In Accessible Areas and Lengths


In the case of two survey points, which can be seen from one another but are not able to be directly measured, one can follow this procedure.  In the case of a pond or other such obstacle which can be circumnavigated, perpendicular segments are made to the line of sight until a parallel line can be measured.  In figure 3 the view from A to B is not obstructed, but there is a pond in the way so the distance cannot be measured.  In this case two segments perpendicular to AB were made until the segment EF, which is parallel to AB was able to be created.  EF was subsequently measured and added to the lengths of AC and DB.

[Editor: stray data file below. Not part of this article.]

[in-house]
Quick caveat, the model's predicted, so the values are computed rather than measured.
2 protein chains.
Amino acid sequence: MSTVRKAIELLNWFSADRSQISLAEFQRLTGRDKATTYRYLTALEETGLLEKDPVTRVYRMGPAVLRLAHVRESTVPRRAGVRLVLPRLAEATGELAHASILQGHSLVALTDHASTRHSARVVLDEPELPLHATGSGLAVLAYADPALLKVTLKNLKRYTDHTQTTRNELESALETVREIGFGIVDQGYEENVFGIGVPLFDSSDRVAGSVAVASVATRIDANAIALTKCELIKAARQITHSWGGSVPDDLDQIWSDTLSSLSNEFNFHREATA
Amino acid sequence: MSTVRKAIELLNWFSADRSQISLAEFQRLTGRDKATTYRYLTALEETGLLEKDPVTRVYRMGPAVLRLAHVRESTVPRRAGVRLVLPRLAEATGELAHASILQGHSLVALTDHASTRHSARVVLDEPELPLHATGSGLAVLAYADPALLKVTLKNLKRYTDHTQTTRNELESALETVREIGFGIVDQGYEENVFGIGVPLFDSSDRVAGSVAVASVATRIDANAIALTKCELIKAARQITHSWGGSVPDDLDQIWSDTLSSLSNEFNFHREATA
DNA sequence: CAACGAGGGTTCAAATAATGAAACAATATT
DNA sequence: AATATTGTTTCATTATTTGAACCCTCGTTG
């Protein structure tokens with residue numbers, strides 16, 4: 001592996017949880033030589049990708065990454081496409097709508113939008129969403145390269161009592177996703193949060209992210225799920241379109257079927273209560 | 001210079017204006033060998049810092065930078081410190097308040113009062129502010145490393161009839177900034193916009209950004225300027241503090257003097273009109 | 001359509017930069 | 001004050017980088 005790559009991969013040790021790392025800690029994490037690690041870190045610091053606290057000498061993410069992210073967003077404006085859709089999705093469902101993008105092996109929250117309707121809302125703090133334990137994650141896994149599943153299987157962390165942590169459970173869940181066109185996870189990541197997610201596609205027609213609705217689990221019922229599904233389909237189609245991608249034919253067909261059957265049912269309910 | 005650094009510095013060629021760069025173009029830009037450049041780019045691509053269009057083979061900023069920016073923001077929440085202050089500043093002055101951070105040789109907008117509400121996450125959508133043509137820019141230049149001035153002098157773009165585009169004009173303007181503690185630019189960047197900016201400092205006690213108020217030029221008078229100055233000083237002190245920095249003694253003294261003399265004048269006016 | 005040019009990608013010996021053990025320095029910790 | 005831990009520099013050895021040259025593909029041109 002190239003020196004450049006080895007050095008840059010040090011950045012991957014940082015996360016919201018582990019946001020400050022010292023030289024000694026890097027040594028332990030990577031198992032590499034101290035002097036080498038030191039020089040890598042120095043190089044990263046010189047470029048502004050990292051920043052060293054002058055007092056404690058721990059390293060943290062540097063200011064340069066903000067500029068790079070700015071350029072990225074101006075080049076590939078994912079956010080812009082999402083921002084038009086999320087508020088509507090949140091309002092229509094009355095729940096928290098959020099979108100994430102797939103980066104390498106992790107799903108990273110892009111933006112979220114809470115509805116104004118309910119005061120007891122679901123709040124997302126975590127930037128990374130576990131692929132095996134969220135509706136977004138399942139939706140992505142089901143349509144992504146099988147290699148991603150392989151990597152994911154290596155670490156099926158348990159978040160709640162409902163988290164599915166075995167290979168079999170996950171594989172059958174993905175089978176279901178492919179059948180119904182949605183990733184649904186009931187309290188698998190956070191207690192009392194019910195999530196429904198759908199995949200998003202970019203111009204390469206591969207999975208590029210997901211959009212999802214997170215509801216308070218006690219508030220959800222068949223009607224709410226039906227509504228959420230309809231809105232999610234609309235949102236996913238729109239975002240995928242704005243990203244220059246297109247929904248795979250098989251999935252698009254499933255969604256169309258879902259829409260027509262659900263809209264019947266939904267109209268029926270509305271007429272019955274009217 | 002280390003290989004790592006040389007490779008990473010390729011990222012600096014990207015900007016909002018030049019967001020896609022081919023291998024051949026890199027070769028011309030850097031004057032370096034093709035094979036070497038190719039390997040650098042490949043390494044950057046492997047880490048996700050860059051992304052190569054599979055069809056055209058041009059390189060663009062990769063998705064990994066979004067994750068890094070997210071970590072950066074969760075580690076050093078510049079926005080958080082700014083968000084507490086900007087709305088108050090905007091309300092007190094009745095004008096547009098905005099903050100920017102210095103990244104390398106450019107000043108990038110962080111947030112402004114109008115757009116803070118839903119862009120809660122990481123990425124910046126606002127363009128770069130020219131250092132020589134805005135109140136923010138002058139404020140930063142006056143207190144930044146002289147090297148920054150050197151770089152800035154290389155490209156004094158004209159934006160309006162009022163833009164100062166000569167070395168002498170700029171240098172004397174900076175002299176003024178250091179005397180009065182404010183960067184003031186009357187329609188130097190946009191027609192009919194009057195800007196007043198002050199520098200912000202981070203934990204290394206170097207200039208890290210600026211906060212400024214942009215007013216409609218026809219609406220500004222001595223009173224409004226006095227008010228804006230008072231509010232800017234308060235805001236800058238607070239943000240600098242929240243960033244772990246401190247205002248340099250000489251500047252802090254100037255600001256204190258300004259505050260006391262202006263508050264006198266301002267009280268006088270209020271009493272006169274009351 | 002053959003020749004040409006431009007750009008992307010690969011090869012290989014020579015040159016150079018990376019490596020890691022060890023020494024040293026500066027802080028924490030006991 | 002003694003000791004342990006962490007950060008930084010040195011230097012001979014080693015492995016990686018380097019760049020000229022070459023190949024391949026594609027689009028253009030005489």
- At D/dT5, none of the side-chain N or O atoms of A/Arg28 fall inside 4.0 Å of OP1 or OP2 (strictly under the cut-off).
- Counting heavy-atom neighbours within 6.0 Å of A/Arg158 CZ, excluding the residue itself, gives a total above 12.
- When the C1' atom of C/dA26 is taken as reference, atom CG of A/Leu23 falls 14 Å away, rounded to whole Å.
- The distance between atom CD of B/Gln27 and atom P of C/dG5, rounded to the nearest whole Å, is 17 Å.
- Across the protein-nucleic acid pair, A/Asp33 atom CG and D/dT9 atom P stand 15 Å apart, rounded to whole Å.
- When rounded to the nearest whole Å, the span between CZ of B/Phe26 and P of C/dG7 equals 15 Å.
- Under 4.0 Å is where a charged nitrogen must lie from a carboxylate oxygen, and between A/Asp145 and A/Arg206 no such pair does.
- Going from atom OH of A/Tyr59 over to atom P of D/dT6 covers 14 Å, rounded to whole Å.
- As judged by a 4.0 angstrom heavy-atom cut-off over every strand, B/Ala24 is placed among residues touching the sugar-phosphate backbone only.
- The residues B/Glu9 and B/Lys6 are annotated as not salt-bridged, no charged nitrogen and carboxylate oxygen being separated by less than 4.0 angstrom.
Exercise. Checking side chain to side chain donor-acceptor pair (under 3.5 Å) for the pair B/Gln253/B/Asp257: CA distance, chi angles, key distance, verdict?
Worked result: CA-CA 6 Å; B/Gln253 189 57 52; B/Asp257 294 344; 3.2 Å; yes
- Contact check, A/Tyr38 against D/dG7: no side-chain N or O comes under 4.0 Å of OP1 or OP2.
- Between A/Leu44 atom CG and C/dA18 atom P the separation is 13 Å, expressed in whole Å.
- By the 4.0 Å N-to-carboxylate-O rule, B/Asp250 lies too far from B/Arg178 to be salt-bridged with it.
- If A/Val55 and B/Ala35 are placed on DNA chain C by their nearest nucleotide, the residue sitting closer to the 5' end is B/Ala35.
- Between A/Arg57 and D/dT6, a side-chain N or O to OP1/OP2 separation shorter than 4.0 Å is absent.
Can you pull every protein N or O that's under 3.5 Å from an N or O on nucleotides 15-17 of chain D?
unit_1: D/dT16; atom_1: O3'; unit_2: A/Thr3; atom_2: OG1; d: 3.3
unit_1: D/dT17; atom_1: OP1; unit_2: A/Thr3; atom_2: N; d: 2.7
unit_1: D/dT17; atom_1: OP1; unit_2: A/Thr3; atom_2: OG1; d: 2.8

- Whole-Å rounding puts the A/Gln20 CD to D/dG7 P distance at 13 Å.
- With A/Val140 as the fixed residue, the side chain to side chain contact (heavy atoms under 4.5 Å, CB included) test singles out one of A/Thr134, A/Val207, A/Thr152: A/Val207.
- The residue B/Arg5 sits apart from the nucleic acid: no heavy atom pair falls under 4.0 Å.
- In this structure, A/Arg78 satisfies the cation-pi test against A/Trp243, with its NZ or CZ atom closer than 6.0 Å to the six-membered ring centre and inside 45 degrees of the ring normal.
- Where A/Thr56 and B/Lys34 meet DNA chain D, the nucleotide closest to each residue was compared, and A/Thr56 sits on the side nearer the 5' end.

In the case of  two survey points which can be seen, but the distance between them can not be measured, and the intervening obstacle not be navigated around, a little math is needed.  Figure 4 shows an example of how the measurement of AB can be completed.  For this example the points G and C are chosen along the segment AB.  Then two lines are extended perpendicular from these points to points E and F.  Point H is found by forming a line of points E and F and then extending this to intersect line AB.  Next segments BH,GC,CA,EG, and FC are measured.  The distance from A to be can be found using the following formula:

Figure 3

Figure 4